Pre-Code Crazy: The Little Giant (1933)

Edward G. Robinson? Mary Astor? It’s a “don’t miss” combo – and the reason why The Little Giant (1933) is my Pre-Code Crazy pick for the month of August. (My Pre-Code Crazy partner in crime, Kristina over at Speakeasy, is taking a little break from our monthly collaboration, so I’m going to do my best to keep it moving in her absence!)

The Little Giant is a rare Robinson comedy (for that matter, I’m not all that accustomed to seeing Astor in comedies either, especially during this stage of her career), but it’s a welcome one, and is a perfect showcase for the actor’s versatile talent. The movie opens with the presidential election of Franklin D. Roosevelt, which signals the impending termination of Prohibition.  The members of Chicago’s Little Social Club are none too pleased about this news, but the gang’s leader, J. Francis “Bugs” Ahearn (Robinson) accepts the eventuality with philosophical optimism: “It lasted long enough to put us in the dough.” He divvies up the profits from the group’s bootlegging enterprise and vows to turn legit. “I’m gonna mingle with the upper classes,” he tells them. “I’m gonna be a gentleman.”

Before he leaves for California, Bugs leaves a little something for one of his former rivals.

When we next seen Bugs, he’s wearing a smoking jacket and spats, practicing his golf game in his drawing room. He affectionately but decidedly gives his girl, Edith, the gate – along with a check for 25 grand (nice work, if you can get it), and also gets rid of his trucks, machine guns, and ammunition. When his right-hand man Al (Russell Hopton) insists on staying with him, Bugs acquiesces, but on one condition – Al will have to “keep improving himself.”

Bugs and Al head for California, winding up in Santa Barbara, but Bugs soon finds out that the “American Riviera” is not all that it’s cracked up to be. When he realizes that he’s paying a whopping $45 a day to stay at the Biltmore Hotel, Bugs runs around his suite, turning on all the lights and water and shining his shoes with the towels: “They ain’t gonna make a chump outta me!” he declares. “I’m gonna get my money’s worth!” At dinner, Bugs is embarrassed to find that all of the other gents are wearing suits, while he and Al – following Al’s advice – are decked out in white tie and tails. And after three whole days, Bugs hasn’t met a single woman: “They walk around like we have the smallpox. Forty-five bucks a day, and they high-hat ya.”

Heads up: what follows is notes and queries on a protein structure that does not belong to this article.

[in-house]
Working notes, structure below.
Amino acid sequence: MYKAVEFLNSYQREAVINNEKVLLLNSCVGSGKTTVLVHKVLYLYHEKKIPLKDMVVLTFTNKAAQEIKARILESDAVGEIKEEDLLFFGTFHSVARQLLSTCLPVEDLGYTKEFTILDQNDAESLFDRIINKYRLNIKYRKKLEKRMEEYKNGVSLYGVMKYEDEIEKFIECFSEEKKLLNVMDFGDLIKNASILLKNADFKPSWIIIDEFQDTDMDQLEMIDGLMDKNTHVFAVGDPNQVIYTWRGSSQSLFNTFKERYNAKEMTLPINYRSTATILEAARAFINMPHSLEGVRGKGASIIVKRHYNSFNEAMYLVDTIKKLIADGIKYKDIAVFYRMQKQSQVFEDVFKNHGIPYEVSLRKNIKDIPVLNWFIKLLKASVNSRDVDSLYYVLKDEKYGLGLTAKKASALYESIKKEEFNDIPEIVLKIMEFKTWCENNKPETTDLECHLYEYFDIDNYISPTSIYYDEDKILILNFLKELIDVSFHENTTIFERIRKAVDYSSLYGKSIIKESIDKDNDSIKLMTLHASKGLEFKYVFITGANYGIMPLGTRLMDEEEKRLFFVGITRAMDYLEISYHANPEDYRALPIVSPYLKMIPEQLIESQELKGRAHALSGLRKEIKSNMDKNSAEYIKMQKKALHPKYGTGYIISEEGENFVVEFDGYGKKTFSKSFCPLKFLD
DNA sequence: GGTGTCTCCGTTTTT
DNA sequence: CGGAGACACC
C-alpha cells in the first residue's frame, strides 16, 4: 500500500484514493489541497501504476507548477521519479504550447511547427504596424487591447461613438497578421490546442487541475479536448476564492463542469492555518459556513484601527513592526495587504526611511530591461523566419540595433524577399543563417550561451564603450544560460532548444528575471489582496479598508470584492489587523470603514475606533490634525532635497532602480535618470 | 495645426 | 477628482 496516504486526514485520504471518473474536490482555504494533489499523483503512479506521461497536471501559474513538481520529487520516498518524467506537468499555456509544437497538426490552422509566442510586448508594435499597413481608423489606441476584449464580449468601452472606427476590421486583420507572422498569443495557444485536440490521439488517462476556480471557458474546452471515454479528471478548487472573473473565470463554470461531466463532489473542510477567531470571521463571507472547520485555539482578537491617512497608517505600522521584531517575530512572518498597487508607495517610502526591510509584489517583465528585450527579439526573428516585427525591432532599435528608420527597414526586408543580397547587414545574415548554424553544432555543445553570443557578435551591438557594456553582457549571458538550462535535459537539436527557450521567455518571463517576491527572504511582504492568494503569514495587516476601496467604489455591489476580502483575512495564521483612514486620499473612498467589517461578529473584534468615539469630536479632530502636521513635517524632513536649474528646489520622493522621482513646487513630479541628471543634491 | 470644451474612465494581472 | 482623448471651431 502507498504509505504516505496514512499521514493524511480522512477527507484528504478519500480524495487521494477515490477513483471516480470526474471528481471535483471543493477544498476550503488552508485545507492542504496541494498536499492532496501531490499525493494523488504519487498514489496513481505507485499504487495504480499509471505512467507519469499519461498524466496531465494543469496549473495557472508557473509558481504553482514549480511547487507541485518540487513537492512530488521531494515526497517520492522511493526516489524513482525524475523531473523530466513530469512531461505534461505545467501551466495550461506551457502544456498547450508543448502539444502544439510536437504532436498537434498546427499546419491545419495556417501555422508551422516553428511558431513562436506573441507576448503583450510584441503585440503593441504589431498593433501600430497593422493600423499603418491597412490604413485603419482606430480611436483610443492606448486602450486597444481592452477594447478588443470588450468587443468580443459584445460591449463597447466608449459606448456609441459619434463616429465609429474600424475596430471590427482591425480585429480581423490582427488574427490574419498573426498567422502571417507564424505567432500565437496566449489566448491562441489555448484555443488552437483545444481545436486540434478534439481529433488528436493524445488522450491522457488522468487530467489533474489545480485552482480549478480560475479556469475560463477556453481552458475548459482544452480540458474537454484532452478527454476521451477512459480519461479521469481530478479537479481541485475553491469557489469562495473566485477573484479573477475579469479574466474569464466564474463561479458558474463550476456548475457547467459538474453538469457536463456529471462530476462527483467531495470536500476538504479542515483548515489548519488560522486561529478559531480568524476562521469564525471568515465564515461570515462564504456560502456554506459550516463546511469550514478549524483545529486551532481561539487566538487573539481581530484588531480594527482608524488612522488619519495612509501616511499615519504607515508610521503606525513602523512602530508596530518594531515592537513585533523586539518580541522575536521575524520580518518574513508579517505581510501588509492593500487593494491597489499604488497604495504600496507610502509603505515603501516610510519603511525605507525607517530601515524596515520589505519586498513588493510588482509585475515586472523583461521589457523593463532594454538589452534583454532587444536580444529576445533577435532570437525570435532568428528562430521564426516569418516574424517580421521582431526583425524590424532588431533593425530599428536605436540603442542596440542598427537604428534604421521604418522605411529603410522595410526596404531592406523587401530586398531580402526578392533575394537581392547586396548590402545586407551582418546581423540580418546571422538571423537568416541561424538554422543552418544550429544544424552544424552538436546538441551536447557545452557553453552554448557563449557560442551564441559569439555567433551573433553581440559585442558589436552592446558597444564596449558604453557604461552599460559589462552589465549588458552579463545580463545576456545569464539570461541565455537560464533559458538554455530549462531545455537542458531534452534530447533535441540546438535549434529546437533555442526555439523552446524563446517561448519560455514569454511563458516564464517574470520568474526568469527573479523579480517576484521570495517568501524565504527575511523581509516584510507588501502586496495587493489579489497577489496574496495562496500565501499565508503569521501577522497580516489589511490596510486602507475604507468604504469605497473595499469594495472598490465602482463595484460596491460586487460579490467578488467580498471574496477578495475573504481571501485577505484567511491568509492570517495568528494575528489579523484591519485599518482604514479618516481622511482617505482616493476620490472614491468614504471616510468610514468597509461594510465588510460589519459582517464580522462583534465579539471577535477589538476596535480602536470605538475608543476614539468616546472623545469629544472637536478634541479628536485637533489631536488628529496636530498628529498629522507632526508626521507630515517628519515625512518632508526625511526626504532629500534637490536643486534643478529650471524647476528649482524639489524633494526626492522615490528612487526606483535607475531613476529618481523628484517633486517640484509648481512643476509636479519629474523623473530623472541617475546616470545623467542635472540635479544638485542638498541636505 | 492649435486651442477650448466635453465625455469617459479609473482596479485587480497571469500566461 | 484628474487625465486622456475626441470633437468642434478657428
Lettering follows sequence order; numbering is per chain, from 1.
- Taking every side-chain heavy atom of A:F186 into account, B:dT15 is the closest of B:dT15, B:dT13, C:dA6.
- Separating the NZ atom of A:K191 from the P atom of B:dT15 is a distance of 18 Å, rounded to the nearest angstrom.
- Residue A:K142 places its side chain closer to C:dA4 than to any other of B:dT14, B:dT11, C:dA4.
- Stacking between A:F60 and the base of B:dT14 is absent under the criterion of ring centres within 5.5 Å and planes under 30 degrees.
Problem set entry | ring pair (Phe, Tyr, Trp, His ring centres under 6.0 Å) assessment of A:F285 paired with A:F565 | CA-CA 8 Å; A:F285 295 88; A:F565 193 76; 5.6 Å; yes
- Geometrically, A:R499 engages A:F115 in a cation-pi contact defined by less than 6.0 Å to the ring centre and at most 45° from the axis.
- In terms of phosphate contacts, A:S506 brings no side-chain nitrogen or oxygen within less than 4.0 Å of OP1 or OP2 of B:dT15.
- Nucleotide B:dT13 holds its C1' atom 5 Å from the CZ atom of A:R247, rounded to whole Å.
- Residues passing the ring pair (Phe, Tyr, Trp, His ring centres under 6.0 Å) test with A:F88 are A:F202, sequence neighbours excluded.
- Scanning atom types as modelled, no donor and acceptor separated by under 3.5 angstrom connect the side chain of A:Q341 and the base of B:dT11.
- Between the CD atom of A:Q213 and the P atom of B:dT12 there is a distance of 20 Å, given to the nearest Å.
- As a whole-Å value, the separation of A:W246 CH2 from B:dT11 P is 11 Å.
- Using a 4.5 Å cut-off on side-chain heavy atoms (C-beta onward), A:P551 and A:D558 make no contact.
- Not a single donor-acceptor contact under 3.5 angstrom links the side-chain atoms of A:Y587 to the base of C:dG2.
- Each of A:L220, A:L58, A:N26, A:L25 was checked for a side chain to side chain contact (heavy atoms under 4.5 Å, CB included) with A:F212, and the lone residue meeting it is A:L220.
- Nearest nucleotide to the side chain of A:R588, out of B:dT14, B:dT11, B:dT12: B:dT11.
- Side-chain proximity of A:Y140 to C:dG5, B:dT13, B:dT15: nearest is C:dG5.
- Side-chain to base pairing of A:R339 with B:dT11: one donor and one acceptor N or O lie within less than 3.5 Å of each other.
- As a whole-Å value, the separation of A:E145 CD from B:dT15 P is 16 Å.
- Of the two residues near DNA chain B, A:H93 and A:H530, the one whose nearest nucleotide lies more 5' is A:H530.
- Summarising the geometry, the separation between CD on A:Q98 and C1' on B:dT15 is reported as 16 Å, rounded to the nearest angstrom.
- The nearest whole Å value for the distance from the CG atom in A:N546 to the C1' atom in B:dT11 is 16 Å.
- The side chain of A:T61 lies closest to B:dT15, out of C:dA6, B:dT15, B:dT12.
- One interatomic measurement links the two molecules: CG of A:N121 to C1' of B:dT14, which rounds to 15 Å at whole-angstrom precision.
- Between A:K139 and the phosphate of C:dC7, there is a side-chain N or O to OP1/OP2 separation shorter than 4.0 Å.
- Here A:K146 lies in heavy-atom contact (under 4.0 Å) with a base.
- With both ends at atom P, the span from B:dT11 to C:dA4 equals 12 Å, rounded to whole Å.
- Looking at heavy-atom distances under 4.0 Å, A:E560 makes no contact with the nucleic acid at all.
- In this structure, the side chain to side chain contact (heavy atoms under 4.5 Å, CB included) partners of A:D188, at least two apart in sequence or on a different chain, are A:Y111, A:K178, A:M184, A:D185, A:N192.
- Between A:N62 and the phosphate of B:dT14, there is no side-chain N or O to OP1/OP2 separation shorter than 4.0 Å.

Bugs can’t get enough of Polly.

Lucky (or maybe not so lucky) for Bugs, a chance encounter brings him into the realm of the super-swanky (or so they seem) Cass family and their perfectly posh daughter, Polly (Helen Vinson), who makes fun of Bugs behind his back until she learns that he’s a millionaire. For his part, Bugs is instantly smitten, and in an effort to impress Polly, he rents a 20-room mansion; the real estate agent is Ruth Wayburn (Astor), who Bugs promptly hires to help him run the house. What he doesn’t know is that the house actually belongs to Ruth, and that she needs the money to pay the back taxes and interest.

When it’s not focusing on Bugs’s persistent efforts to fit into Santa Barbara high society, the film centers on the three principal characters: Ruth, who is falling in love with Bugs, who’s crazy about Polly, who has a boyfriend on the side and plans to marry Bugs for his money. The non-stop goings-on also focus on Polly’s deadbeat brother and corrupt father, and their efforts to carve out a slice of Bugs’s cash pie for themselves. It’s an action-packed, fun-filled romp that will hold your attention until the madcap conclusion.